More Medicare Confusion in 2007?

Average premiums for Medicare’s prescription drug insurance program for seniors will remain roughly the same next year. However, in some states, seniors will face an even bigger array of plans than this year, the government said Friday.

While private insurers already offering the Medicare “Part D” prescription benefit are expected to offer fewer plan choices in 2007, the number of companies has increased from 9 to 17, Bush administration health officials said.

Therefore, seniors switching or joining plans in many states will still face a wider range of plans than last year. Critics have consistently called the wide range of plan choices confusing for seniors.

Perhaps better news is that average monthly premiums are expected to be $24 next year, about the same as beneficiaries are now paying.

However, plan premiums and deductibles vary widely based on the amount of coverage seniors choose.

Premiums for the lowest-cost plans in seven Midwestern states will go up more than five-fold, according to consumer group Families USA.

Few Expected to Switch Plans

Approximately 250,000 Americans are expected to become eligible for Medicare for the first time in 2007. And seniors already enrolled in Part D will be able to switch plans beginning Nov. 15.

“Seniors who are satisfied with their current coverage will not have to take any action,” said Health and Human Services Secretary Michael Leavitt. “We expect most of them will not want to change.”

But those who do – as well as those signing up for Medicare in 2007 -- may face a complicated decision. In North Carolina, for example, the number of plans will go from 38 this year to 51 next year.

Florida beneficiaries will choose from 58 plans with premiums ranging from $10.20 to $83.70 per month.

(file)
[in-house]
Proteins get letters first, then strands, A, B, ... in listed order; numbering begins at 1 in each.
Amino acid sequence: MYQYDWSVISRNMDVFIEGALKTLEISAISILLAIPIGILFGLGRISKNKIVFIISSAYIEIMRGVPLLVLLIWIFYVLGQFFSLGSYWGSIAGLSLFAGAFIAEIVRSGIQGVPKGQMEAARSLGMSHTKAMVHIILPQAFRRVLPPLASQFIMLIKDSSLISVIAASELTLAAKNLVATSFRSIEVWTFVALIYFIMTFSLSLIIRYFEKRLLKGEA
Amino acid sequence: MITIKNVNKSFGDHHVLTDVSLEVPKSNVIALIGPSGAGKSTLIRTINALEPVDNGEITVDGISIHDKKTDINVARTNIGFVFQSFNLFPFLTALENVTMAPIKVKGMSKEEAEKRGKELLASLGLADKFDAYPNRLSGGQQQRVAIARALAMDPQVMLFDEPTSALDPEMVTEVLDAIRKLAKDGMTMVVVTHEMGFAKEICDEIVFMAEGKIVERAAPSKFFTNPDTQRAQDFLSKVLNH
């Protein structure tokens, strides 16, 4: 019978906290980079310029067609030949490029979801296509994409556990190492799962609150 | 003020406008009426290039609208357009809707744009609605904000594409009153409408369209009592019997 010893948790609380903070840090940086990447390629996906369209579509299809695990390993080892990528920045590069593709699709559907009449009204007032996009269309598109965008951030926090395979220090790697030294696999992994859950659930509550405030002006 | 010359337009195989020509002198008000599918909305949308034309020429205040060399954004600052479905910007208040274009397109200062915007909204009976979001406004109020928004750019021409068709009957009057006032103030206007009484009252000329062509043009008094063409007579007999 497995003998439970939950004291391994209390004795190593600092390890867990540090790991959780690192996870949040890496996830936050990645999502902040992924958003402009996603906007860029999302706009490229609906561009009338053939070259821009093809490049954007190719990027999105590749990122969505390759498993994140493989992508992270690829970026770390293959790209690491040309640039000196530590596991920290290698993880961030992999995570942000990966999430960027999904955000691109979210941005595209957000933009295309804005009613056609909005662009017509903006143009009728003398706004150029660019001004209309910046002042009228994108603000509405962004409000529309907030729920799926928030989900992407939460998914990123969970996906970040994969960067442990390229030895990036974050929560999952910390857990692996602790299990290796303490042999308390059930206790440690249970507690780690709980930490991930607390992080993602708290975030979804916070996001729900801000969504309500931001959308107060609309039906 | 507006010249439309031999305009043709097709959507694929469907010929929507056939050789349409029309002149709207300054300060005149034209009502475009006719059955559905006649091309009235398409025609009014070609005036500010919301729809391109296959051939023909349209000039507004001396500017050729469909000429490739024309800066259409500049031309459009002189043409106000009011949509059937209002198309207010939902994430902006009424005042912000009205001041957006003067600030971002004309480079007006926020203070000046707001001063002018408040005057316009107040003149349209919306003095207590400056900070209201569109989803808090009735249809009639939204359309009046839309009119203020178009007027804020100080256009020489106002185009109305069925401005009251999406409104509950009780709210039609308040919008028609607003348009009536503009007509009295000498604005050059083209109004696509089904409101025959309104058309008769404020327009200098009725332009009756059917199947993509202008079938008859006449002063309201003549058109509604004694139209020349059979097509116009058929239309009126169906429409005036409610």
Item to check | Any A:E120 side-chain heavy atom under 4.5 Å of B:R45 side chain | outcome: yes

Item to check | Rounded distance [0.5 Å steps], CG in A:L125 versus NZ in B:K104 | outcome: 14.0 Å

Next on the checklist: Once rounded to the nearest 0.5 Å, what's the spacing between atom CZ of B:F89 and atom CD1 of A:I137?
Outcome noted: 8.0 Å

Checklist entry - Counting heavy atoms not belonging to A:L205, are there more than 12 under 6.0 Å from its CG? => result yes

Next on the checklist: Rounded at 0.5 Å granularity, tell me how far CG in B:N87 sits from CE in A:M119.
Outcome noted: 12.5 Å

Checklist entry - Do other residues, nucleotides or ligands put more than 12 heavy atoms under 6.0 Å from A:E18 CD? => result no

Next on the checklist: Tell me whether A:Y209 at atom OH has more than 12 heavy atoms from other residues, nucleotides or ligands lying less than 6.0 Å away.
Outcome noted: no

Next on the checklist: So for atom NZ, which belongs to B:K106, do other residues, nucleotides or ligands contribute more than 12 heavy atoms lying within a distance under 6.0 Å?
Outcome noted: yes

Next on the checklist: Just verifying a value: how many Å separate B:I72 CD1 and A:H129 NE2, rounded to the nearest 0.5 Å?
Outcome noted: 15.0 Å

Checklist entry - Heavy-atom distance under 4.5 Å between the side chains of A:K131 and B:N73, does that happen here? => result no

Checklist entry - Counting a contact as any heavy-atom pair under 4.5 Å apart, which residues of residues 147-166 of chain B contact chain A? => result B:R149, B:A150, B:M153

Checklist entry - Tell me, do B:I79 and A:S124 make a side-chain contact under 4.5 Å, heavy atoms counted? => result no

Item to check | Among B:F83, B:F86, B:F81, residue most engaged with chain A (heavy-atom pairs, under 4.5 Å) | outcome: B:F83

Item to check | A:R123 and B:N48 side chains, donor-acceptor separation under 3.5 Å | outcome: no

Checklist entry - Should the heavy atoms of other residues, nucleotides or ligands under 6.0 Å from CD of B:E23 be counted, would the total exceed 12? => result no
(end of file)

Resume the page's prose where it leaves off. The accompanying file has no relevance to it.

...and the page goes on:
“The incredible confusion that persisted in the past year about the Medicare drug program is about to get worse. There will be more plans to choose from -- and those plans will continue to be different from one another,” Ron Pollack, executive director of Families USA, said in a statement.

Medicare’s basic plan pays 75 percent of seniors’ drug costs up to $2,250 after a $265 deductible. Coverage then stops completely until drug costs reach $5,100, after which Medicare pays 95 percent of all costs.

But out-of-pocket costs, coverage limits, and the range of covered drugs vary between plans.

The nation’s lowest premium for a basic plan will be $9.50, charged by the Health Insurance Company of New York for a plan with a $265 deductible, according to Medicare officials.

Outgoing Medicare Administrator Mark McClellan, MD, said some low-income seniors will be forced to switch plans in order to stay in a subsidized plan with low out-of-pocket costs. He said the change should affect less than 5 percent of low-income beneficiaries.

“We are notifying these beneficiaries early,” McClellan said.

By Todd Zwillich, reviewed by Louise Chang, MD

SOURCES: Centers for Medicare & Medicaid Services: “2007 Drug Plan Options.” Michael Leavitt, secretary, Department of Health and Human Services. Mark McClellan, MD, administrator, Centers for Medicare & Medicaid Services. Ron Pollack, executive director, Families USA.